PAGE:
George Monbiot in the Guardian stated something that I would like to share :

" You will not be surprised to hear that the events in Japan have changed my view of cheapest cialis prices nuclear power. You will be surprised to hear how they have changed it. As a result of the disaster at Fukushima, I am no longer nuclear-neutral. I now support the technology."

For more reflection on this, please check out my blog post, cf. http://t.co/d98kW35
0
I wrote the various deaths per twh hour articles
written by Brian Wang, July 19, 2011
the 4000 deaths for Chernobyl from the purchase tramadol online World Health Organization is an estimate of how many people are expected to die based on a statistical increase in cancer. They have not died yet. If you go into the future then more nuclear power will have been generated.

If those possible 4000 deaths occur over the next 25 years, then with 2800 TWh being assumed average for 2005 through 2030, then it would be 4000 deaths over 112,000 TWh generated over 45 years or 0.037 deaths/TWh.

Also, the comparison would be with the estimated deaths and estimated generation for other kinds of energy (oil and coal will also have high estimates for expected cancer and http://eatingdisorderrecovery.com/cialis-cialis heart disease.)

Lifetime deaths per twh
http://nextbigfuture.com/2011/03/lifetime-deaths-per-twh-from-energy.html

I propose a cutoff of 2 years of life shortening, which equates to being 15% overweight. If we were playing the maximum Chernobyl numbers, then any statistical shortening by days then has the same issue for pilots and stewardesses who lose about 30-60 days from increased lifetime exposure to buy propecia in canada radiation.
0
I wrote the deaths per twh articles
written by Brian Wang, July 19, 2011
the World Health Organization calculations of 4000 deaths from Chernobyl are for people who have not died yet but are expected to die from increased cancer risks. The deaths per twh are for people who have already died. I have a lifetime deaths per twh which looks at expected deaths with a minimum of 2 year life shortening. Most of web site for cialis the higher counts have an estimated reduction of 30-60 days. 2 year life shortening is like being 15 pounds overweight.

The russian publication of 1 million assumes that any increase in deaths was because of chernobyl. Even if it was increased alcoholism because the collapse of the soviet union stopped anti-drinking controls. The 30,000- 60,000 estimates applied to air travel would mean would be 200,000 excess cancers and 100,000 excess deaths from commercial aviation over the last 25 years.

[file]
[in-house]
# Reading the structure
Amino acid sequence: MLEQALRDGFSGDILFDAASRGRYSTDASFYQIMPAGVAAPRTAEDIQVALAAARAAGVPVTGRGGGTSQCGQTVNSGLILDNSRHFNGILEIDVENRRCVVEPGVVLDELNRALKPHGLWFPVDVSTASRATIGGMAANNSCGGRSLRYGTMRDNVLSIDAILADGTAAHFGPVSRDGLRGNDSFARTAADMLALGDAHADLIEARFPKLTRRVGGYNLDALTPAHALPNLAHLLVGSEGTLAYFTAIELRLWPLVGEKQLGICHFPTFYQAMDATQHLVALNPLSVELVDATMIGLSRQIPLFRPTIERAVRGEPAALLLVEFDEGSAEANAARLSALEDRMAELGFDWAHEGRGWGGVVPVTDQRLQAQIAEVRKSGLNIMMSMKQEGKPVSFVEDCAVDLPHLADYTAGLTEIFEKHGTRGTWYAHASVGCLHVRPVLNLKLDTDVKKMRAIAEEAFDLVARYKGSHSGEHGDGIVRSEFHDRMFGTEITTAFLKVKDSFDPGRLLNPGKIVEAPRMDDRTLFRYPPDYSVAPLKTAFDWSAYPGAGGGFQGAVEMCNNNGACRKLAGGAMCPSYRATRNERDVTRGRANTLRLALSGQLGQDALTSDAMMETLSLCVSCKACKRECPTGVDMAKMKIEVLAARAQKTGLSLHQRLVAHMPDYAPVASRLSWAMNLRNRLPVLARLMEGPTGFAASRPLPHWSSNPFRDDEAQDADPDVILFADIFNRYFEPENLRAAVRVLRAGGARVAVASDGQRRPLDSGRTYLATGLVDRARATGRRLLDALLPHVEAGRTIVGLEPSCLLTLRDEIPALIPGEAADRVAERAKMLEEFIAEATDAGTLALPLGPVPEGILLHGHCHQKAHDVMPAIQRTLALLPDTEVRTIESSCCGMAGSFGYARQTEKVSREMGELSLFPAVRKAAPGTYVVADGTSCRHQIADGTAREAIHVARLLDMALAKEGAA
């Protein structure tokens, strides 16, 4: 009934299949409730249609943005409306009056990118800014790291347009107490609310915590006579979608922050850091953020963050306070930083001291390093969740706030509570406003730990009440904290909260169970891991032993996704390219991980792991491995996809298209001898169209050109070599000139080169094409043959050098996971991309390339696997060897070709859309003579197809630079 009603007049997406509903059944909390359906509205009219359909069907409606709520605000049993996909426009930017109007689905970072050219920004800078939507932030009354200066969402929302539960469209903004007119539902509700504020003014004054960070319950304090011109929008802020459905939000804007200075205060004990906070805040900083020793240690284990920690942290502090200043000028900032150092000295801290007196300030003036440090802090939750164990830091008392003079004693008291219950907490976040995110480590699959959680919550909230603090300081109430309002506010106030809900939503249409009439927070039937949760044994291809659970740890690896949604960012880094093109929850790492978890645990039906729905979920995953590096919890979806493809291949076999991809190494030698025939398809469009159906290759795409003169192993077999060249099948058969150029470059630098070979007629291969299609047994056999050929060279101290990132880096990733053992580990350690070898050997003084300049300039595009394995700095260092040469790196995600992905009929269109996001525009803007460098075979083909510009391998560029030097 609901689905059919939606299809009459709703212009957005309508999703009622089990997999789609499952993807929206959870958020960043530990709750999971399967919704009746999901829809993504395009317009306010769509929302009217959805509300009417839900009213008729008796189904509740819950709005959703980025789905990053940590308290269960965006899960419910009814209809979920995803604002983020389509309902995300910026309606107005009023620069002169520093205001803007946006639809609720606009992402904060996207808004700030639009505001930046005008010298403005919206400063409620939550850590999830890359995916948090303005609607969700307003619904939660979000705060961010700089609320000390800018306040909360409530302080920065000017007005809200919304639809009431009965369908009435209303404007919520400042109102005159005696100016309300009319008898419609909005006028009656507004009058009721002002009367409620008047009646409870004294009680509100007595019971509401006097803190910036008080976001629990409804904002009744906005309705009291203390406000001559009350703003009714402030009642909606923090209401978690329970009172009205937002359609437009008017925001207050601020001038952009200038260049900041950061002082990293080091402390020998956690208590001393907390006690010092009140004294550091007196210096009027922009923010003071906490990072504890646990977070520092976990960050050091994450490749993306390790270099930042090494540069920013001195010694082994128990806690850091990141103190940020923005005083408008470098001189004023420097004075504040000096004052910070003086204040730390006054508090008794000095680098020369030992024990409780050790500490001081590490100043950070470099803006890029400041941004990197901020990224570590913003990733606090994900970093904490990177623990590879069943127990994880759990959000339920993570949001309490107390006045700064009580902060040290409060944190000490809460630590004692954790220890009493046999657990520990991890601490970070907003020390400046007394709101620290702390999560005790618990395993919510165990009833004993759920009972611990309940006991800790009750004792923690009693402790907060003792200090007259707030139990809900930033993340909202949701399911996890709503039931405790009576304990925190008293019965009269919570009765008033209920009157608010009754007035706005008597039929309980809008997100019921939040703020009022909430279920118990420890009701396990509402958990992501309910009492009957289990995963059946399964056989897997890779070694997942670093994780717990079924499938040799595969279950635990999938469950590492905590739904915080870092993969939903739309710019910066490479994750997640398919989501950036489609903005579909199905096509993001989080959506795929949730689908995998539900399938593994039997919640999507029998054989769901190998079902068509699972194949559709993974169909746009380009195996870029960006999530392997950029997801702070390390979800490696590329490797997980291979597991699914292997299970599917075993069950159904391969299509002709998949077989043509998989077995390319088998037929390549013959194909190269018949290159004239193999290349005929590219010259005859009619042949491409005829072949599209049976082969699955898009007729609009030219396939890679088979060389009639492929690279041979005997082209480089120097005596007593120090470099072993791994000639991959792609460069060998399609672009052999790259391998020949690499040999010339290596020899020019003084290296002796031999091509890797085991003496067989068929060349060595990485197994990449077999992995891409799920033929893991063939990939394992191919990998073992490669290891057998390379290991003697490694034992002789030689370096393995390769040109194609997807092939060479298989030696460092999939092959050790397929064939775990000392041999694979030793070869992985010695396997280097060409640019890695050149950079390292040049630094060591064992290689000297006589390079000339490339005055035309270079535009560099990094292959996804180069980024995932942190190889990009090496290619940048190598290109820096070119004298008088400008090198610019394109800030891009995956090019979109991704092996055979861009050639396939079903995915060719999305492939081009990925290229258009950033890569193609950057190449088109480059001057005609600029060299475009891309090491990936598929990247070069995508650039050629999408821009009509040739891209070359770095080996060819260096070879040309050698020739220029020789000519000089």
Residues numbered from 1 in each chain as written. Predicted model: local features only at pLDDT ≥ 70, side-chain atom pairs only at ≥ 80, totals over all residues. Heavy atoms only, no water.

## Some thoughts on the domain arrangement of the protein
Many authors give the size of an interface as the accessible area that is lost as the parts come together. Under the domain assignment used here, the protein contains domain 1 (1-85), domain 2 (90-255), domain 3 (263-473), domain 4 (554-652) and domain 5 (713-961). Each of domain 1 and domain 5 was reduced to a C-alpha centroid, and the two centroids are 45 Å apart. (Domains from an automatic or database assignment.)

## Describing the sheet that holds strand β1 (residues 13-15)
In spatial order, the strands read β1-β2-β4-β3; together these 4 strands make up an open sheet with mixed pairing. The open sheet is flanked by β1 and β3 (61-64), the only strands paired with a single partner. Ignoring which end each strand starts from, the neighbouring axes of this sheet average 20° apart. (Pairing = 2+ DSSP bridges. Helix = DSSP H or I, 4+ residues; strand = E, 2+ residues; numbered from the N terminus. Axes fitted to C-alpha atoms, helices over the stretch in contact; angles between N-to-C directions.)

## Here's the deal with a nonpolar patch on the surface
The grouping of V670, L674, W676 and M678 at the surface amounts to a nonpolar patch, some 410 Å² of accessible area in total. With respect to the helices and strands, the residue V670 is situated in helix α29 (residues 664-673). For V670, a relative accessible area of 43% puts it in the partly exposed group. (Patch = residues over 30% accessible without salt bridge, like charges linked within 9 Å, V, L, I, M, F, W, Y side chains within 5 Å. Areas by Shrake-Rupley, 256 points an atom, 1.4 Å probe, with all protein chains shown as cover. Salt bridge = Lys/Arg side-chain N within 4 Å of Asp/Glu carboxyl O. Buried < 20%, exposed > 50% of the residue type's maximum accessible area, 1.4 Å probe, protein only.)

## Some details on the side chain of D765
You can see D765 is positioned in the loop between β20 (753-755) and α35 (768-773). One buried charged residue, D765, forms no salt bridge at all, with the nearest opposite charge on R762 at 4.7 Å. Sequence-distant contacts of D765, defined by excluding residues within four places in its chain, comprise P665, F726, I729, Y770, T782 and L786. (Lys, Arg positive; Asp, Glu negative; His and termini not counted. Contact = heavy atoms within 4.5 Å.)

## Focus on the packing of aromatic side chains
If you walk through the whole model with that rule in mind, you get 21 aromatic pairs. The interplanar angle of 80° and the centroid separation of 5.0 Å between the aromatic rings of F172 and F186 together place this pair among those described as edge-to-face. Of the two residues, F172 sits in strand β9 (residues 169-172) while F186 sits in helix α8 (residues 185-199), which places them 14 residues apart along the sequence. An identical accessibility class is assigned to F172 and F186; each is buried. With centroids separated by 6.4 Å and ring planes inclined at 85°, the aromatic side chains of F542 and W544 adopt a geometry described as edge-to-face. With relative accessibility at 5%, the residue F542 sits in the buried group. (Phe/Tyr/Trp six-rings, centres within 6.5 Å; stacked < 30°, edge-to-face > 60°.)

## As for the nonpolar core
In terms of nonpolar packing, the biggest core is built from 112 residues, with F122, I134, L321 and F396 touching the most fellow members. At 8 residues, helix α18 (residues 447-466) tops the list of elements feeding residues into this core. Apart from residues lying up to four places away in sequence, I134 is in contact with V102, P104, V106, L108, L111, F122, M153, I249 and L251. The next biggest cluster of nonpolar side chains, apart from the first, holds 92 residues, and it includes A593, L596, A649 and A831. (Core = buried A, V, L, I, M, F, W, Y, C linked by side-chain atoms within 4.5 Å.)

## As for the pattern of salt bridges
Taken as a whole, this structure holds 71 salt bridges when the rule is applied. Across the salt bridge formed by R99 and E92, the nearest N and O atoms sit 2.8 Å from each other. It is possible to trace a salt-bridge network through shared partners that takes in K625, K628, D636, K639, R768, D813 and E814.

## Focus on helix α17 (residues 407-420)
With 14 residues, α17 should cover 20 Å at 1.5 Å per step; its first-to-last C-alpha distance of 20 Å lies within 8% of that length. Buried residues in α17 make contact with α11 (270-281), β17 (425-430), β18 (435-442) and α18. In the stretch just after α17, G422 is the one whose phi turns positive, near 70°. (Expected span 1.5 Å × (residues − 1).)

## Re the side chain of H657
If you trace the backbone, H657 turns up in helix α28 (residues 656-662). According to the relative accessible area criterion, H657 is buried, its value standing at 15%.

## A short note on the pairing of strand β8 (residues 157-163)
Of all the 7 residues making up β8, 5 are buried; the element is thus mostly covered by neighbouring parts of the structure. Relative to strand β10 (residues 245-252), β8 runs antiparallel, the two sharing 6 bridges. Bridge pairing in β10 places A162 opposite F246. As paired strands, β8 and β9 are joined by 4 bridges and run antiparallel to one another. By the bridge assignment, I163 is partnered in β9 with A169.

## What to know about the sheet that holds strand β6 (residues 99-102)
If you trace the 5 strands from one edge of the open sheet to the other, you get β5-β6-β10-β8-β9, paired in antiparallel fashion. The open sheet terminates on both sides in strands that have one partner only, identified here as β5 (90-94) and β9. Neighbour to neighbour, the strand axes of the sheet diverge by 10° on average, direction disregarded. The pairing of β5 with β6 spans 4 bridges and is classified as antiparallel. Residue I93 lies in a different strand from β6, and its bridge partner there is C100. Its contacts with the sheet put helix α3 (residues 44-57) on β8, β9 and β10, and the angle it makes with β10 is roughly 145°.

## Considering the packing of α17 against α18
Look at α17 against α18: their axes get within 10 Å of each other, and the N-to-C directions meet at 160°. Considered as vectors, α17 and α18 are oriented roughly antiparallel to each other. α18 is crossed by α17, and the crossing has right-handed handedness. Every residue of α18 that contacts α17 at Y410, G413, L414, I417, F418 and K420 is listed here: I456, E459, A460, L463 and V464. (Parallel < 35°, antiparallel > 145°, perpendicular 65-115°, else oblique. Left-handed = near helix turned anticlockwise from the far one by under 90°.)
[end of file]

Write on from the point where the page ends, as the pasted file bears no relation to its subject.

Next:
Note however that, because exposure only increases the probability of developing cancer, we should keep in mind that no given cancer can be attributed to flying. Moreover, because these additional cancers will be distributed among hundreds of millions of pharmacy no prescripition tramadol capsules people, it is practically impossible to discern them among all the other cancer cases. (About 42% of the general population have cancer at some point in their lives, and about 20% of the population die because of cancer or complications that result from cancer.)
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Wind turbine deaths
written by Billy, March 11, 2012
Bad article,no report on wind farm deaths. Why not? 99 deaths in the UK alone up to the end of 2011. The USA has had more.

http://www.caithnesswindfarms.co.uk/accidents.pdf
0
Wrong casualty estimations
written by BasM, December 27, 2013
These estimations also neglect the all important heredity effects of Chernobyl as a.o. proved by the viagra online drugstore German environmental institution.

After Chernobyl some districts in Germany (1000mile off) got fallout (~0.5mSv/a) and nearby similar districts did not.
Research in the population registrations found a big jump upwards in the frequency of serious birth defects after Chernobyl. But only in the districts that got fallout (local rainfall from the passing radio-active cloud)!

The jump upwards was bigger the higher the Chernobyl fallout (extra radiation) level!
The increased levels in contaminated districts continued as expected because the contamination stayed as it is caused by Cs-137 (half live 30years).
Significance levels better than 0.001

The increased birth defects concerned stillbirth, Down syndrome, congenital malformation (heart deficiencies, etc), neural tube defects (Spina bifida), etc.

The study report is canadian levitra for sale published in a special number of peer reviewed journal ESPR:
http://www.helmholtz-muenchen.de/ibb/homepage/hagen.scherb/CongenMalfStillb_0.pdf

It was also shown by several studies that in great parts of W-Europe the male-female ratio suddenly changed after Chernobyl.
That implies DNA damage. It has been shown that in general that type of damage ends in more vulnerable and less intelligent individuals.
Those DNA faults are transmitted in next generations!